In 1943, Washington recorded a blues session with a small ensemble drawn from Hampton’s band. Directed by Leonard Feather, they recorded his song “Evil Gal Blues” and made it a hit. After her three years with the Hampton band, Washington’s popularity grew and she began headlining R&B sets.
Washington recorded the album Slick Chick (On The Mellow Side) (1946) for Mercury Records at sessions in 1946; the bluesy feel of this record was a template for much of her career. As a solo artist in the years that followed, she achieved notable success, notching up an impressive number of hits in the R&B charts, including “Ain’t Misbehavin’” in 1948 and “Am I Asking Too Much”, which topped the R&B chart later that year.
Over the next four years, she was almost never off the R&B charts, with “Baby Get Lost” becoming her second No. 1 record in 1949. Washington went on to gain wider popularity through mainstream success in the Billboard pop chart with her 1950 recording “I Wanna Be Loved”, which reached No. 22. Among the many album highlights of her career was Dinah Jams (1954), recorded with the Clifford Brown/Max Roach Quintet.
Dinah Washington’s engagement closed on May 12th. The following day the Charlie Ventura group opened and Slim Gaillard was held-over once again to alternate sets with Ventura. Ventura’s group during the mid fifties included Dave McKenna on piano, Bob Carter on bass, and Sonny Igoe on drums.
Artist Biography by Chris Kelsey
A fine swing-oriented tenor saxophonist, Ventura is best-remembered for his attempt at popularizing bebop during the tail end of the music’s mid- to late-’40s heyday. Born Charles Venturo, he came from a large, musically inclined family. His first instrument was C-melody sax. He switched to alto before eventually settling on tenor. Ventura left his day job at the Philadelphia Navy Yard in 1942 to join Gene Krupa’s band. He became a featured soloist with Krupa, playing with the drummer from 1942-1943 and 1944-1946 (working in the interim with guitarist/bandleader Teddy Powell). Ventura achieved considerable popularity while with Krupa, winning a Down Beat magazine award as best tenor saxophonist in 1945.
He started his own big band in 1946 with middling results. He had more success fronting a small band, one version of which included trumpeter Conte Candoli, trombonist Bennie Green, alto saxophonist Boots Mussulli, drummer Ed Shaughnessy, and vocalists Jackie Cain and Roy Kral. Ventura recorded for small labels before getting signed to RCA Victor, which at the time wanted to capitalize on the emergence of bebop. An RCA executive purportedly told him that they wanted the word “bop” in the band’s name. Ventura came up with the phrase “Bop for the People,” which implied an accessible form of the music. Ventura formed a big band in 1948, but soon cut it down to eight members, retaining Cain and Kral, who were crucial components of the band’s sound. The Bop for the People band worked through 1949 (during which time Ventura employed modern jazz’s greatest saxophonist, Charlie Parker, on a record date), but in the end Ventura’s stab at making a commercial success of bop failed. Indeed, as fine a player as he was, Ventura himself was never really a bopper. During the early ’50s Ventura led another big band; formed a highly acclaimed group called the Big Four with bassist Chubby Jackson, drummer Buddy Rich, and pianist Marty Napoleon; briefly ran his own night club in Philadelphia; and also worked again with Cain and Kral. Ventura’s health was not the best, yet he continued to work with Krupa into the ’60s.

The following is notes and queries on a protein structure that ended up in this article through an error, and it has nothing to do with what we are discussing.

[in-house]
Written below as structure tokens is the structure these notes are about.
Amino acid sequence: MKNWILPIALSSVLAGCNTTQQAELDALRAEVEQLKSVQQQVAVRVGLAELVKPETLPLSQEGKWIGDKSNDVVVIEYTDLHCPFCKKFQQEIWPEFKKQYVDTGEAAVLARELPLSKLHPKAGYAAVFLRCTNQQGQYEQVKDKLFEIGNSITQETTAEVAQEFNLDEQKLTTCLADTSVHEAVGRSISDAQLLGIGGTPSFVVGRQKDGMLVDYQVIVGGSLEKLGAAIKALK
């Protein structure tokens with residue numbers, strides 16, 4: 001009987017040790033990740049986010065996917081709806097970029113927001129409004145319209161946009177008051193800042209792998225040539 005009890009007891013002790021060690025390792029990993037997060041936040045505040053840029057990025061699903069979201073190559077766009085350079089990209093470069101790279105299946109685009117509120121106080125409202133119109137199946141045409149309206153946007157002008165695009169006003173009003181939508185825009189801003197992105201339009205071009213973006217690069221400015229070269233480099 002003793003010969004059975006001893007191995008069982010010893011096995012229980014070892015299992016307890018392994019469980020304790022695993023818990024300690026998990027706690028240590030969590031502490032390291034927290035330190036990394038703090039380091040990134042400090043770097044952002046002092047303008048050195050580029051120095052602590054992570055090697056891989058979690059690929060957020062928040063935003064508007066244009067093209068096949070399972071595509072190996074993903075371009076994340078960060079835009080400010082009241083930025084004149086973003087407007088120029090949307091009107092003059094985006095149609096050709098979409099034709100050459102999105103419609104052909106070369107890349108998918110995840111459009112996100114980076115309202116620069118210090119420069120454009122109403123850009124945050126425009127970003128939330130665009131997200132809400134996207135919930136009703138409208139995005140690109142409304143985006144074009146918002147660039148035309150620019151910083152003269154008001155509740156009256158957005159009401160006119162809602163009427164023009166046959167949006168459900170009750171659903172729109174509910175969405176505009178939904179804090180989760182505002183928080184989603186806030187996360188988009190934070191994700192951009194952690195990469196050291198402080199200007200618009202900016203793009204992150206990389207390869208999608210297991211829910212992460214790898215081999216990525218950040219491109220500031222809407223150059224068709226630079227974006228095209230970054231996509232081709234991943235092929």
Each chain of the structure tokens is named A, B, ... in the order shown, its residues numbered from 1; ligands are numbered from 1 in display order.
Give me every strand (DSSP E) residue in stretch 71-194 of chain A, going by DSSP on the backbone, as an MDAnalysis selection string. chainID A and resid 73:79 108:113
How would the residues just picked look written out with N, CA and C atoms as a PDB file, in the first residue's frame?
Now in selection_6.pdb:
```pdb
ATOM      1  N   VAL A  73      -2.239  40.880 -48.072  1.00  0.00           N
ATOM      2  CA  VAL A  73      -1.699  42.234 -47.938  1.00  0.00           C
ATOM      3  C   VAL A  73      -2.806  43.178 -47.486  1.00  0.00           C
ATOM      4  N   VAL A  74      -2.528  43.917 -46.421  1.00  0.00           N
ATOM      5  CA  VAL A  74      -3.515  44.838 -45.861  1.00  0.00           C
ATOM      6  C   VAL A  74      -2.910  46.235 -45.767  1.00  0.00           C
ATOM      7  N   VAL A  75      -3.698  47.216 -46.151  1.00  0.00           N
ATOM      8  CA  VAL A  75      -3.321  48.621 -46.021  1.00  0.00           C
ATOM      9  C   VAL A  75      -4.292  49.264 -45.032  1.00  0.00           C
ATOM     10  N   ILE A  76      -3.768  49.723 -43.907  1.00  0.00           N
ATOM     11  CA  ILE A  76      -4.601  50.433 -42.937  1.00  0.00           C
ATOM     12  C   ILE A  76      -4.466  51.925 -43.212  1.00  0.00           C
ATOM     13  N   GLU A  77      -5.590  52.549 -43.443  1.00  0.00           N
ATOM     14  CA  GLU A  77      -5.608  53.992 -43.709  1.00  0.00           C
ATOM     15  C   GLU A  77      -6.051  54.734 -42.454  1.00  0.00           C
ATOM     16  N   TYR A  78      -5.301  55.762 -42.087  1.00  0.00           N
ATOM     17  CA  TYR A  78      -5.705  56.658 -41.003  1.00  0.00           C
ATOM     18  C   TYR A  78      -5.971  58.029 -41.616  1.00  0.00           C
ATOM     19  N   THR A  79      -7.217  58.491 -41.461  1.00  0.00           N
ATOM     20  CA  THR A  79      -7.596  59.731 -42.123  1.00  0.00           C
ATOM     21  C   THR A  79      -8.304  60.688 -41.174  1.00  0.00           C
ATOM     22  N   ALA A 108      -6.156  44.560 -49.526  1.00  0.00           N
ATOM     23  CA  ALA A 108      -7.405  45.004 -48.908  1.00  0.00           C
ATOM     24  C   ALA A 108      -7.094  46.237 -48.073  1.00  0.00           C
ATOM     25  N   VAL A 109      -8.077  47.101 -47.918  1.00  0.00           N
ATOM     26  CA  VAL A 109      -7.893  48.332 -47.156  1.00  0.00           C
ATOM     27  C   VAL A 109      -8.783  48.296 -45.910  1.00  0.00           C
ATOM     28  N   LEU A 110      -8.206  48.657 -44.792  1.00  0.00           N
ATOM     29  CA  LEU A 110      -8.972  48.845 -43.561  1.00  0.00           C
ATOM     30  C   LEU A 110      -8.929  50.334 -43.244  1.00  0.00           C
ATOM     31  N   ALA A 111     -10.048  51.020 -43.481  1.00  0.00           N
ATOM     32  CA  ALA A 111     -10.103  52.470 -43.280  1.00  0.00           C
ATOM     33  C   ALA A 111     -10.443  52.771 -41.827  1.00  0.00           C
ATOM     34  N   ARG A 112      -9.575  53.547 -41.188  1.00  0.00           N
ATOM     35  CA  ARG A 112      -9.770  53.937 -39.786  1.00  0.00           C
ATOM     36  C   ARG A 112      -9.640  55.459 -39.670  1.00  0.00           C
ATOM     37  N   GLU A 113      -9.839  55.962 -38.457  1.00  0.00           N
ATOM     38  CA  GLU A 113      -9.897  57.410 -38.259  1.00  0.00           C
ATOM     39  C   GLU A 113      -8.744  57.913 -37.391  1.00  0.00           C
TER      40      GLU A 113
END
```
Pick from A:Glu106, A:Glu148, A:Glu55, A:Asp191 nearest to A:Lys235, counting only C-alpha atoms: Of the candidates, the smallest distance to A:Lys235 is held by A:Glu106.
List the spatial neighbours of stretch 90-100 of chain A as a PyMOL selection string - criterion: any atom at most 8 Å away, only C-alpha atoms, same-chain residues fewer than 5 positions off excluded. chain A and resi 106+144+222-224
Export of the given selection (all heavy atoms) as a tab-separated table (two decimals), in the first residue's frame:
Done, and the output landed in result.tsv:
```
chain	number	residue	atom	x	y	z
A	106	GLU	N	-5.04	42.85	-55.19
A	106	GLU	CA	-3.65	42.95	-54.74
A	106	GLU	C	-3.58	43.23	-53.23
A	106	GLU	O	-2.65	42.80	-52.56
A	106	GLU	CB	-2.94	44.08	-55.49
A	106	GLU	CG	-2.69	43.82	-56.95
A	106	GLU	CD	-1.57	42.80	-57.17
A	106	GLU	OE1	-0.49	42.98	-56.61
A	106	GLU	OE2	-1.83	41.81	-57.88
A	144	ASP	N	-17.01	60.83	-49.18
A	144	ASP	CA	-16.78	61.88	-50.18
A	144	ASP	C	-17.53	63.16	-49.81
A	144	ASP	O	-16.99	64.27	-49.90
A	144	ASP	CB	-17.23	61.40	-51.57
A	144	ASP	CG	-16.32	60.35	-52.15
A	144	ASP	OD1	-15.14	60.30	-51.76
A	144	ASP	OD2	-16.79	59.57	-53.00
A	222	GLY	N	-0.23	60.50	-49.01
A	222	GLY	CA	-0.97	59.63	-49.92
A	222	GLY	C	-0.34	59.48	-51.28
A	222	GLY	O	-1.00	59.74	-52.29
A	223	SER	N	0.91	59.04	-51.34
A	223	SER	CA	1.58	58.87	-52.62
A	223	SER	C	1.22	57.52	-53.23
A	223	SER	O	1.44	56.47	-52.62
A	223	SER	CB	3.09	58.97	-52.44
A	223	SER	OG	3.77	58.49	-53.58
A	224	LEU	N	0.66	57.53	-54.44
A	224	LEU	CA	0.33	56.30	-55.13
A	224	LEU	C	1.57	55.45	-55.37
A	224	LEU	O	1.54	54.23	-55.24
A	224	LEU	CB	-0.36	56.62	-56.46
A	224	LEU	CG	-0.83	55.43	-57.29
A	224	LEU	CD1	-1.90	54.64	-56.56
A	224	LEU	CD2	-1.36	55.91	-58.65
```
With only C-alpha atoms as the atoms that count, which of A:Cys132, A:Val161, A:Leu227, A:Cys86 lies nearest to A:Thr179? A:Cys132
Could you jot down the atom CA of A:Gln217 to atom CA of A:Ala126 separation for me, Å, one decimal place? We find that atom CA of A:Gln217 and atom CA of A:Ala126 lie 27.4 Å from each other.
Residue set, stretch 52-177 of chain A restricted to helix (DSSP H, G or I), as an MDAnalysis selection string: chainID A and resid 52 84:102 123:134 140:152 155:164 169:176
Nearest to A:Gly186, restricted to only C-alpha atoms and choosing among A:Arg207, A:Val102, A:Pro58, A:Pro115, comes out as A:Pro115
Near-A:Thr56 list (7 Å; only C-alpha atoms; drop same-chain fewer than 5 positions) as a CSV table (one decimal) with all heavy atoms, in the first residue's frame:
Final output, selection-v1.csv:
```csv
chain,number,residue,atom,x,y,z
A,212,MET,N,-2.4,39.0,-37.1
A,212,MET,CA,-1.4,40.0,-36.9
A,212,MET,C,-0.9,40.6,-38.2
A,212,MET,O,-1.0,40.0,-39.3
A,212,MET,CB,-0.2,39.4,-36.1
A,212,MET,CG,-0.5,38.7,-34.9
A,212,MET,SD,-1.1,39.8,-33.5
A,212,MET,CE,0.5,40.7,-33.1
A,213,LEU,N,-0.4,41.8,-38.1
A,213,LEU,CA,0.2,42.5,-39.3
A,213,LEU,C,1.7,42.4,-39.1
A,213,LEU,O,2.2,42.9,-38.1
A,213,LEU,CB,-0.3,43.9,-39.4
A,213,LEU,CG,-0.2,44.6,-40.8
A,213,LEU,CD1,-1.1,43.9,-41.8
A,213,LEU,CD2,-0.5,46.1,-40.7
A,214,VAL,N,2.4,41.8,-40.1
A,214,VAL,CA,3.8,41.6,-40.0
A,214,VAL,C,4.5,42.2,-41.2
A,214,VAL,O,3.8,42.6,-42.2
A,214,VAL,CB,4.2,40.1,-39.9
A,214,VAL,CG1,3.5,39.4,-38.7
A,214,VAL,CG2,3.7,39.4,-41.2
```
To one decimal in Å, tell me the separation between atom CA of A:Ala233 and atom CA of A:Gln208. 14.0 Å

The Ink Spots had appeared at Tiffany Club in July of 1953 along with Slappy White. Their return on May 27th was widely covered in the local press. The Slim Gaillard crew has held-over once again, a testament to the continuing popularity of Slim and His gang.
This edition of The Ink Spots featured Charlie Fuqua, Jimmy Holmes, Essex Scott, and Harold Jackson with pianist and arranger Herman Flintall. They were featured in a Universal-International musical short that was filmed while they were in Los Angeles at Tiffany Club.